One is Baze Chemical Co., which bought the old Vernon Calhoun meat packing plant on the east side of Palestine beside the track that has been closed for several years, Knoob said.

Freight cars would come in on Union Pacific tracks in Palestine and the company would call Texas State Railroad.

"We would run our locomotive over to pick them up and take them to the customer and leave them on the side track for them to empty and we would take them back to Union Pacific and they would send them off to where they would be reloaded," Knoob said.

It's almost impossible to make a profit strictly from operating an excursion train because of the seasonal nature of it and the expense of maintaining the track year-round, Knoob said.

"If you do really well, you break even and that's the best this railroad has ever done. It's gotten close to breaking even," he said. "If we can have a modest freight business, I think that will make the difference."

Although ridership is up, expenses are significantly higher because Iowa Pacific is running more trains, Knoob said. The new owner has saved some costs though. For example, Iowa Pacific changed the steam locomotive fuel from diesel to reclaimed motor oil, which is about two-thirds the price of diesel fuel.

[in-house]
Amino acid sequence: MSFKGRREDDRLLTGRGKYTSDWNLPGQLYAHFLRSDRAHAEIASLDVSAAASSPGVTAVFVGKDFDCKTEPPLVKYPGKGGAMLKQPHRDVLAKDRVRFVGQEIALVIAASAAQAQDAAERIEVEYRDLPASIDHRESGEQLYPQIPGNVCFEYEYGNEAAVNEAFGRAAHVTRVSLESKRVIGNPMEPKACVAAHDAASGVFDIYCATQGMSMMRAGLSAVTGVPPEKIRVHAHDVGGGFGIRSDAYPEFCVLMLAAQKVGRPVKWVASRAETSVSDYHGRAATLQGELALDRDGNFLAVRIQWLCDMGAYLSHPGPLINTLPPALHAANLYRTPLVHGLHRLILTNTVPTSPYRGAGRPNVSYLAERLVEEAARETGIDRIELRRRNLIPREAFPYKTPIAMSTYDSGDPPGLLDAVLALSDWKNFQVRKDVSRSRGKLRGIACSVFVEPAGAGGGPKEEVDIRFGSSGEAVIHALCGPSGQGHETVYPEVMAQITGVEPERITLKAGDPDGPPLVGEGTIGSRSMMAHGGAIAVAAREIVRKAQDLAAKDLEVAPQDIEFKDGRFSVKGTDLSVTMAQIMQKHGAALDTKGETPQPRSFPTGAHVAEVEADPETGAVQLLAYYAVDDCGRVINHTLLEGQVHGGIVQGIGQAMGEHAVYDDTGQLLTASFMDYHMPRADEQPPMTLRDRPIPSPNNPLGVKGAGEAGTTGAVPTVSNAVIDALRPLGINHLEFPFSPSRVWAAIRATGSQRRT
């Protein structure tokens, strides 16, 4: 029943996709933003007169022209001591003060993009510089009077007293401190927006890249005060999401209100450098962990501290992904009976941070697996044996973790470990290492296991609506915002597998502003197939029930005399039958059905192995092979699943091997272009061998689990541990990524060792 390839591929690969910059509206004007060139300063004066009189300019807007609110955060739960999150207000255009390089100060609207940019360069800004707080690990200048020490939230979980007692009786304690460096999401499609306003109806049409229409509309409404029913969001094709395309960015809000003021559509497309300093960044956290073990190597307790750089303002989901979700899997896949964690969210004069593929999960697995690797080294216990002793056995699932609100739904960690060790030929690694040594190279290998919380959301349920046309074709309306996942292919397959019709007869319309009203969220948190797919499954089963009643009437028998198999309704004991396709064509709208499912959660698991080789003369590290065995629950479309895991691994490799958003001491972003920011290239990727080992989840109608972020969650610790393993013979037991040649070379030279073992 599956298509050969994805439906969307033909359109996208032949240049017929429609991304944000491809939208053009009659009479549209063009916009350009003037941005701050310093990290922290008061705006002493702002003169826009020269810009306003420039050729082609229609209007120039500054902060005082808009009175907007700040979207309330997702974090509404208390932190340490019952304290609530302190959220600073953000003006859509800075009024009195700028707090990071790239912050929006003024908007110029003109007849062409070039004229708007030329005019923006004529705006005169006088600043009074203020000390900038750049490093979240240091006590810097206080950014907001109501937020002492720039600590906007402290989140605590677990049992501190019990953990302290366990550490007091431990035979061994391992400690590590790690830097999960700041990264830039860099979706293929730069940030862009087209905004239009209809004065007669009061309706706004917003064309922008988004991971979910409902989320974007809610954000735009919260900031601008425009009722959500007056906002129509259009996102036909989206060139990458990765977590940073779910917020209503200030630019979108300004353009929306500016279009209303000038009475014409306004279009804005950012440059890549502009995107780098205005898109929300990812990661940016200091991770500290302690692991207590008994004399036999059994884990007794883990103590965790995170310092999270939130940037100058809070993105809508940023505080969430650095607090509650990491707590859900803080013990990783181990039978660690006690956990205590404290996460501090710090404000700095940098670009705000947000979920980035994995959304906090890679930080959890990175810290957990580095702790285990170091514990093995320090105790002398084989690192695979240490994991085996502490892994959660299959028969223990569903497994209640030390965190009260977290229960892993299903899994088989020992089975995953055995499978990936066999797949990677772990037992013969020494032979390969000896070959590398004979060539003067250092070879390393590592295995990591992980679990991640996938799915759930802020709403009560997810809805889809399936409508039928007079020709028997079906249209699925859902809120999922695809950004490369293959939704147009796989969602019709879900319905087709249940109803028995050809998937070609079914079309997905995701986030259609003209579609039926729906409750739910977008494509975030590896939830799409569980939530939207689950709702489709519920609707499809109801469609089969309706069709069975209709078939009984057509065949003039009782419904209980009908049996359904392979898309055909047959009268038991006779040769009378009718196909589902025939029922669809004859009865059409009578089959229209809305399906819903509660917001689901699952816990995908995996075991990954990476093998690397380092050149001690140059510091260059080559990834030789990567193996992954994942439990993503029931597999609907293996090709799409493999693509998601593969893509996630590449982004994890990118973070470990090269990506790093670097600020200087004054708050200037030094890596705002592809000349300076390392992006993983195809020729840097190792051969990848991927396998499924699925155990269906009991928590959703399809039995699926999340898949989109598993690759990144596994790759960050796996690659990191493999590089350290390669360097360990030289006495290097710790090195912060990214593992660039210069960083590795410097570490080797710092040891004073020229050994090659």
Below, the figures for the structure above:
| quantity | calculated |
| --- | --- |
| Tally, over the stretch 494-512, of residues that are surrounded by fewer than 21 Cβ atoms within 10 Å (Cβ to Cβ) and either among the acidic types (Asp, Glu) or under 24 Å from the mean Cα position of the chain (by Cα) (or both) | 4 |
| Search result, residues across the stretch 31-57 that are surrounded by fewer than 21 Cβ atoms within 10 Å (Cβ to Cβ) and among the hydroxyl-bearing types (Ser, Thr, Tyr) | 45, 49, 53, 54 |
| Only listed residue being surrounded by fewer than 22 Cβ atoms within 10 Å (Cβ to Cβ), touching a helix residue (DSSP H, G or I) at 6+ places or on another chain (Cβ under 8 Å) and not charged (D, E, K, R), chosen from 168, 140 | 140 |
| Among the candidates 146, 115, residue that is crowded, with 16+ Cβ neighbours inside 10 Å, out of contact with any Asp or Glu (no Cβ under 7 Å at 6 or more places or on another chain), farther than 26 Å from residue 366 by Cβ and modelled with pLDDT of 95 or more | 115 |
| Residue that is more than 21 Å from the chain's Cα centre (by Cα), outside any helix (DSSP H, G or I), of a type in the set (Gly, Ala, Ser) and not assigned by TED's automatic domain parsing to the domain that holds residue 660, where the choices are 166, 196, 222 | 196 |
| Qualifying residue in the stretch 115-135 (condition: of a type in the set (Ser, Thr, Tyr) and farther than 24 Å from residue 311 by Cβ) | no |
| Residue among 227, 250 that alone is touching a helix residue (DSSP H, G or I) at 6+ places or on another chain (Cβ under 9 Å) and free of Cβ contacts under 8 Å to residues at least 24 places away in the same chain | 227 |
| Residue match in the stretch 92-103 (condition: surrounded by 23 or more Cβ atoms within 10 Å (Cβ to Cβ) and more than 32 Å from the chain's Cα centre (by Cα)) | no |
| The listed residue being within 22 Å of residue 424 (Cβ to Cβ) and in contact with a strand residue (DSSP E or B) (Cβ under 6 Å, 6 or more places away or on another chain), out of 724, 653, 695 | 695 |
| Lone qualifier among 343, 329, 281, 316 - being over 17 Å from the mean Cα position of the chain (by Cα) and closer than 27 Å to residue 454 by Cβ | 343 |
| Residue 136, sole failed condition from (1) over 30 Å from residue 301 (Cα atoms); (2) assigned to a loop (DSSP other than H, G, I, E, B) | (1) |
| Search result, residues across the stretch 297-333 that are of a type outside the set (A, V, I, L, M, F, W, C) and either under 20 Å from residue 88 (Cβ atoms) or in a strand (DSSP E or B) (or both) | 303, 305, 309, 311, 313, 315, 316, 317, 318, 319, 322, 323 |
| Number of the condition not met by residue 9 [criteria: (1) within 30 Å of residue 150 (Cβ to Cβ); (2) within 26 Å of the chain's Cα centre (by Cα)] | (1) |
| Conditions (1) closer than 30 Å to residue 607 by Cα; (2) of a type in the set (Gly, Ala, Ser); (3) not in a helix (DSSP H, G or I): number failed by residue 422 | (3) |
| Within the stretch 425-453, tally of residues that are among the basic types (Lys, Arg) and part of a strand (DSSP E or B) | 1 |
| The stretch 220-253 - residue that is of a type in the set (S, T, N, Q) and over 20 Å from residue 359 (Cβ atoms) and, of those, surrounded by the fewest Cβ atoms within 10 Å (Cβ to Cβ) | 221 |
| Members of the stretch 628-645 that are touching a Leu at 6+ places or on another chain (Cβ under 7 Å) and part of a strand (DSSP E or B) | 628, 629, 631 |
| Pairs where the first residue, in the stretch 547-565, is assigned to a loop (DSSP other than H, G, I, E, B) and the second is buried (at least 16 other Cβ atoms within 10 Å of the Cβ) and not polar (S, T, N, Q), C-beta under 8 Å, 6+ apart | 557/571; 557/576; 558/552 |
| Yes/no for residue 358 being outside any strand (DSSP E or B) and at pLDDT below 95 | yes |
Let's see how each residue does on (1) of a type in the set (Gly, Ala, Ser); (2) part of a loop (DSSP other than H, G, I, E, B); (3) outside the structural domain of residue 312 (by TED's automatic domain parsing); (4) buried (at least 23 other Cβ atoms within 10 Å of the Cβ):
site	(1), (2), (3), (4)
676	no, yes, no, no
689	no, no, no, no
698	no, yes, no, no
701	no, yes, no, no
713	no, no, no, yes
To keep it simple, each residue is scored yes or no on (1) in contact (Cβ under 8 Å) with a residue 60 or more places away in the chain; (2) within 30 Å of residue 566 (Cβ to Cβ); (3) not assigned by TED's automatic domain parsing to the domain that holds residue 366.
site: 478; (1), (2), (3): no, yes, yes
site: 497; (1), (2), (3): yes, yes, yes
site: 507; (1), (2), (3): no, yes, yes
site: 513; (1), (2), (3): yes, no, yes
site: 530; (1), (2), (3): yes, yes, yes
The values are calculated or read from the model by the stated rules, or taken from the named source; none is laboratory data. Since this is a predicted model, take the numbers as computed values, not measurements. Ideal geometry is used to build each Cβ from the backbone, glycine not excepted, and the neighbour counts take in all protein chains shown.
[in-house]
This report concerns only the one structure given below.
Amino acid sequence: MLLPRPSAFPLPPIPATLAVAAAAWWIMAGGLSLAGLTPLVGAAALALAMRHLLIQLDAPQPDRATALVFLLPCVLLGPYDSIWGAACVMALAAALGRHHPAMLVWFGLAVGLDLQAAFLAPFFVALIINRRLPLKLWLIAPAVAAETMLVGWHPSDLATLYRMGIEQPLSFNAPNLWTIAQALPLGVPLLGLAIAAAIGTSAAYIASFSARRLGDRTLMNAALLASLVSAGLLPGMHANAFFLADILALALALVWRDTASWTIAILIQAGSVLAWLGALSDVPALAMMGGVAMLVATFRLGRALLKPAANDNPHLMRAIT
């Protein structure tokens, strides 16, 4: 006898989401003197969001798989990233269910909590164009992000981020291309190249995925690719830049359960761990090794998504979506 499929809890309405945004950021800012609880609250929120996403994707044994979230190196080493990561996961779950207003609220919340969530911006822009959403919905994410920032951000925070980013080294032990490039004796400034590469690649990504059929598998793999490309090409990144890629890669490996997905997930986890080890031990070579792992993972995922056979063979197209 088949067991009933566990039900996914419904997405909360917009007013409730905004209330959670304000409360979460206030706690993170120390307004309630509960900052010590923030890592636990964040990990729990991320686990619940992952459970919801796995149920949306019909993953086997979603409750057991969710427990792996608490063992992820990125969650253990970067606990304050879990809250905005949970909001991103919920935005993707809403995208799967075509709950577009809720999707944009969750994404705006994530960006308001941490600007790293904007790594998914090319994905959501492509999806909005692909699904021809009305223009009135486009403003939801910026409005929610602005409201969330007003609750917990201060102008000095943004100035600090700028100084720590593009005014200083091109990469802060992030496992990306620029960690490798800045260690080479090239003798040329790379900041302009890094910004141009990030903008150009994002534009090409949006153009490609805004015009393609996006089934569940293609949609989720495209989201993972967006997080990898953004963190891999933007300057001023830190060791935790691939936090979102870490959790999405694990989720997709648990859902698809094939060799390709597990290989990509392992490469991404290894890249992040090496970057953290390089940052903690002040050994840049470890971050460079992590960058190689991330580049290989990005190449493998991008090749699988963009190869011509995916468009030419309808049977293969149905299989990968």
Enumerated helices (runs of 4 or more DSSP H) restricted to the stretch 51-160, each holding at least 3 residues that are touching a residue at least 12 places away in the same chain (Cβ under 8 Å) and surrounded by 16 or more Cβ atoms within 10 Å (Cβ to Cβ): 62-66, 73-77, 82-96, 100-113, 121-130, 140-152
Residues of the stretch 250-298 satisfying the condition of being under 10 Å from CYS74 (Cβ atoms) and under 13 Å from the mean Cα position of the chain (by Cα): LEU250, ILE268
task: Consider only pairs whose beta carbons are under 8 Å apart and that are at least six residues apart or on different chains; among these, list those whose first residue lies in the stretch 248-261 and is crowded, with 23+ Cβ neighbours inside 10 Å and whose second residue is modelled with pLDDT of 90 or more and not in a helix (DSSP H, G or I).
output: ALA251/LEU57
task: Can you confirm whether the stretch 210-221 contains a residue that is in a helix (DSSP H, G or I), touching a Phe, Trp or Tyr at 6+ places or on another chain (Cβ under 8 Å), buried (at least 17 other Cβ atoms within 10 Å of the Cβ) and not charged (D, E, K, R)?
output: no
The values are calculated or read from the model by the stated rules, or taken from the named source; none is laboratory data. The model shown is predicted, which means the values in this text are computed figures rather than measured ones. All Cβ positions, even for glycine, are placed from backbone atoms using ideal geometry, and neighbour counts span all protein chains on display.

One of the things that will be necessary to help turn the railroad into a profitable or break-even operation will be increasing ridership, Knoob said.

"I'm happy that ridership is rebounding," he said, voicing hope that ridership will eventually increase to 70,000. Ridership in 2012 totaled approximately 56,000.

"One of our big media and marketing things that we are working on is getting the word out that we are still here … we are still running trains," Knoob said.

But freight marketing is what will turn the Texas State Railroad into a solvent property and is how Iowa Pacific has made successes of all the other railroads it operates, Knoob said

Among the first railroads that Iowa Pacific acquired were a railroad in West Texas running freight out of Monahans into eastern New Mexico and a "down at the heels" railroad that ran westward out of Lubbock, Knoob said. Freight traffic on both has exploded, he said.

Iowa Pacific also acquired a freight-passenger railroad in Oregon that hauls freight and does well as an excursion train, Knoob said.

It took over a railroad in south central Colorado that primarily hauled volcanic rock and agriculture products, but worked on getting back some of the business that had been lost to trucking companies as well developed an excursion train, Knoob said.

Iowa Pacific has a terminal switching railroad in the Chicago metro area and a railroad in Cape Cod, Mass., that is both a freight train operation and an excursion railroad.

"We've got these operations all over the country," Knoob said. Iowa Pacific also has a couple of railroads in Great Britain.